In the context of increasing realizations of the fragility of democracy, the possibilities and accomplishments of youth activist projects across material and virtual spaces and sites continue to flourish. Research on this work is situated in the rich scholarly traditions of critical youth studies and critical youth literacies as well as in theories of civic engagement, public pedagogy, participatory politics, cosmopolitanism, and relational mobilities. Many youth projects draw on the resources of arts, digital media, and critical multiliteracies to participate, in material ways, in public and political life. Taking up issues such as citizenship for immigrant youth, homelessness, and poverty, young people powerfully create critical, social, and political narratives that resonate within and beyond their own communities. Theorizing this work in relation to public engagement, spatiality, and mobilities deepens our understanding of those moments when youth in community and educational sites create powerful transmediated counter-narratives about their lives and worlds—the ways they incorporate both local and global understandings to create these new forms of political participation. And the work itself underscores the need for more equitable access to various multimodal and digital resources and the importance of youth access to public and mediated spaces. Schools and educators are called to create pedagogical spaces that invite students’ subjectivities, locations, and creative uses of material resources to engage in local and larger public dialogues, counter dominant cultural ideologies, address multiple publics, and create new forms of political participation.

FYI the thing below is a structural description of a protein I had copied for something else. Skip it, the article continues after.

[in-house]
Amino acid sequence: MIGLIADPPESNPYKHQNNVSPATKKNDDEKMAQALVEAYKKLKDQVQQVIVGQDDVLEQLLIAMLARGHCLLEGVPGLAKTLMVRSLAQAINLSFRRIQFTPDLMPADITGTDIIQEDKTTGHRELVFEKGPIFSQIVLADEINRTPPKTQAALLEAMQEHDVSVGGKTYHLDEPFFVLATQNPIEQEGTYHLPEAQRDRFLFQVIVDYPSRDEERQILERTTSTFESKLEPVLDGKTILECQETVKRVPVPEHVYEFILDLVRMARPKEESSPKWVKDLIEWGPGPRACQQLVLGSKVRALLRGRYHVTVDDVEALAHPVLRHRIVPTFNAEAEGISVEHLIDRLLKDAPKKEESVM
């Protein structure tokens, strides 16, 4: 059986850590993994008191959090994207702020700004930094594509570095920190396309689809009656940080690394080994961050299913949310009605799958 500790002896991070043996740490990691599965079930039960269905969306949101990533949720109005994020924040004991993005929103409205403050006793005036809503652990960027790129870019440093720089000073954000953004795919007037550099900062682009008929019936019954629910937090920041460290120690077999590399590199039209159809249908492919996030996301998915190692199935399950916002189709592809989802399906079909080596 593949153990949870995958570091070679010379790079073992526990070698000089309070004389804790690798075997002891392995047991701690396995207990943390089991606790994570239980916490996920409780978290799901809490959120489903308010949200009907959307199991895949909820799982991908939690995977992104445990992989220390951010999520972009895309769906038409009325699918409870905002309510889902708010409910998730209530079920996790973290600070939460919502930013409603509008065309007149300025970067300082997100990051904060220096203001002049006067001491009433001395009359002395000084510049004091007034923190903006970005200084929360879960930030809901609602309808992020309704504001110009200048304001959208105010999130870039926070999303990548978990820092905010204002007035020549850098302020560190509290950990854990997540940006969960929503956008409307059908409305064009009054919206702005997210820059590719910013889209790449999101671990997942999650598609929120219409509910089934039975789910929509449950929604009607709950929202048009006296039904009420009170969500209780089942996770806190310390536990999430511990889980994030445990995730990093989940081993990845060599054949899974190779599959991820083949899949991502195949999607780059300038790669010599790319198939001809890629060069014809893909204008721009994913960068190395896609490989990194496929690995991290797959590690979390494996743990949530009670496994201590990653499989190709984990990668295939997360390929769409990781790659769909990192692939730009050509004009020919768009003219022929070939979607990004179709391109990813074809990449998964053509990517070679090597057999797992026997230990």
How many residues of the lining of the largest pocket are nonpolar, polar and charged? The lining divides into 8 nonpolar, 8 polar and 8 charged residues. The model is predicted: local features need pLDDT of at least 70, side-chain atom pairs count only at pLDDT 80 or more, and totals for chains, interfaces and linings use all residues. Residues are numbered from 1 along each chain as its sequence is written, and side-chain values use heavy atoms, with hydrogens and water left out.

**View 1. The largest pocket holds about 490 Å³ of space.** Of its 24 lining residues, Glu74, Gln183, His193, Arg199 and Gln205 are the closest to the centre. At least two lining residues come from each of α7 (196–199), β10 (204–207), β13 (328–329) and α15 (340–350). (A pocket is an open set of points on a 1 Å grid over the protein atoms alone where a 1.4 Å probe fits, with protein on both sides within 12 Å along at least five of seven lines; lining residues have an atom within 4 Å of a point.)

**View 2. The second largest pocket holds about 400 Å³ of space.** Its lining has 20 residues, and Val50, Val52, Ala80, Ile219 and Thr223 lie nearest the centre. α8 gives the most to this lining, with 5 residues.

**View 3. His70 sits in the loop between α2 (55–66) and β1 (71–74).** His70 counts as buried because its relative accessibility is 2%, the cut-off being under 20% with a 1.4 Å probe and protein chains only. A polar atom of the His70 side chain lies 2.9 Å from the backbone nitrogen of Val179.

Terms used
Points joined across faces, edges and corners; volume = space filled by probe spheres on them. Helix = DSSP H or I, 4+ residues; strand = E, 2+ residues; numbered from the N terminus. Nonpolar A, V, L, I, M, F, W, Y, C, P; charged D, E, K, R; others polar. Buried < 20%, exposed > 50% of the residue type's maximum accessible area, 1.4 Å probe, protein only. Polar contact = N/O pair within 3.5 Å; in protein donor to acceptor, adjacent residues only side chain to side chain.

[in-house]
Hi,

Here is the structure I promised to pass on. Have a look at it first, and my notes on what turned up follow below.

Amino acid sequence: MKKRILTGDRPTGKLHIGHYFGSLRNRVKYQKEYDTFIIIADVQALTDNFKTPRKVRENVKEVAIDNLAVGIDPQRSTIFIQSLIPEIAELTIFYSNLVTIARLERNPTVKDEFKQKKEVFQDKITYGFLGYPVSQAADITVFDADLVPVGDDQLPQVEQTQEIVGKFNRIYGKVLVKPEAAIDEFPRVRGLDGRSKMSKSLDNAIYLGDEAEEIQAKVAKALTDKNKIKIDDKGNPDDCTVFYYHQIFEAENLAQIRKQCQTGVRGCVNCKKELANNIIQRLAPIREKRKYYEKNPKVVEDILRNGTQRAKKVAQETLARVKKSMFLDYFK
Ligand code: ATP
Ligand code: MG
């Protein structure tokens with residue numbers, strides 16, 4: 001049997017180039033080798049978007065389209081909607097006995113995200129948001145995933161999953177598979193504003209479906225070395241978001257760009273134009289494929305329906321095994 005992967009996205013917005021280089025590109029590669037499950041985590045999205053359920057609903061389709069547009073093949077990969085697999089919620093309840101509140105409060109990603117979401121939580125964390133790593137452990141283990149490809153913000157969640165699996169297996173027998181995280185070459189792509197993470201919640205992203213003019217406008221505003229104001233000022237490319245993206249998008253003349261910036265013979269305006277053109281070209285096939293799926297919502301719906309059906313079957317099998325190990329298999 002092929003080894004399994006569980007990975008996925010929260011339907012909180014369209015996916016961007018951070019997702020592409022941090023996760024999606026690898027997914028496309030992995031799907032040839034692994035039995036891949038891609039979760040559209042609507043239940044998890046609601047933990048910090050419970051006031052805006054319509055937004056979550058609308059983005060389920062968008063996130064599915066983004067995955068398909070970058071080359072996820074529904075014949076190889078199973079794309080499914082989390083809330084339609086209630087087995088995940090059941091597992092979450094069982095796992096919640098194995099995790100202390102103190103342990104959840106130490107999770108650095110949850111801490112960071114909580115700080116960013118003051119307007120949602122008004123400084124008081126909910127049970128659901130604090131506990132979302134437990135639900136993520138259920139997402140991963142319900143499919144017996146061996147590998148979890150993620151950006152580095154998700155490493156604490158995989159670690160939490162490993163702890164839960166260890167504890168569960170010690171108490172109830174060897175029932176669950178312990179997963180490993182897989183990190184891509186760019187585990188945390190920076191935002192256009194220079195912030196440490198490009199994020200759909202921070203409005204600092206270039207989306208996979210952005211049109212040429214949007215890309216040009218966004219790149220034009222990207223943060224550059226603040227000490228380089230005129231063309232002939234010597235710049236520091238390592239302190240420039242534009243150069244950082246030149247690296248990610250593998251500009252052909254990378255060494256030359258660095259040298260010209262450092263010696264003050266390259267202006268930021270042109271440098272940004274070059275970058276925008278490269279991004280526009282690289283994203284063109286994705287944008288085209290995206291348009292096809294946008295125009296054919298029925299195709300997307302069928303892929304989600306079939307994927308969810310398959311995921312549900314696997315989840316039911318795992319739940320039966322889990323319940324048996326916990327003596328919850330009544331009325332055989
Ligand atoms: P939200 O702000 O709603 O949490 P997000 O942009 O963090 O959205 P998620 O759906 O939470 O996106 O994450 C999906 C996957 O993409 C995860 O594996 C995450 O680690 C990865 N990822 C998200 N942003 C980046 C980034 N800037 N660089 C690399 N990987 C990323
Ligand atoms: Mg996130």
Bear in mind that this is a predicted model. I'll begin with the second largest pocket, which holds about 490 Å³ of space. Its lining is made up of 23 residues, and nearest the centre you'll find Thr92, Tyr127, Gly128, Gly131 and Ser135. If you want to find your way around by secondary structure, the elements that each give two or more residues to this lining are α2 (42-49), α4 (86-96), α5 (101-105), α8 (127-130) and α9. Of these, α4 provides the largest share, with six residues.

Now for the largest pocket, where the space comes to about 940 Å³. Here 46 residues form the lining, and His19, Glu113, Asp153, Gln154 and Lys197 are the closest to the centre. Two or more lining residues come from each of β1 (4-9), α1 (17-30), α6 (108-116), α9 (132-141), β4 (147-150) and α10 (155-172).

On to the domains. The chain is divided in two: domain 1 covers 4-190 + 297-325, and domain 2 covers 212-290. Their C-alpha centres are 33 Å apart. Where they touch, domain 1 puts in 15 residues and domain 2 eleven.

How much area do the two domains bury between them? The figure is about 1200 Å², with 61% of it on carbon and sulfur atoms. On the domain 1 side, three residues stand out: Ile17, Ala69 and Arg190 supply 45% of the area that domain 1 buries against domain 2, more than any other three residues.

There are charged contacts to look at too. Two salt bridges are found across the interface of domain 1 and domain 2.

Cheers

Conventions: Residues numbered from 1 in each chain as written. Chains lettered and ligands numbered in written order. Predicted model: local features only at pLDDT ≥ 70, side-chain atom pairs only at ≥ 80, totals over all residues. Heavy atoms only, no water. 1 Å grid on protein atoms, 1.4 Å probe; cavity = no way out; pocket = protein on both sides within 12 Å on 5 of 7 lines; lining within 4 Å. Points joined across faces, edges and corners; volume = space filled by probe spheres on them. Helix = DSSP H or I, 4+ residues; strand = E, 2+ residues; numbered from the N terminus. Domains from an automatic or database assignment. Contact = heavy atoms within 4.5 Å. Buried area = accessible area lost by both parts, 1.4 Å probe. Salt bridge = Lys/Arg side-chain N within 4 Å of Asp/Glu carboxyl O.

Youth Activism through Critical Arts, Transmedia, and Multiliteracies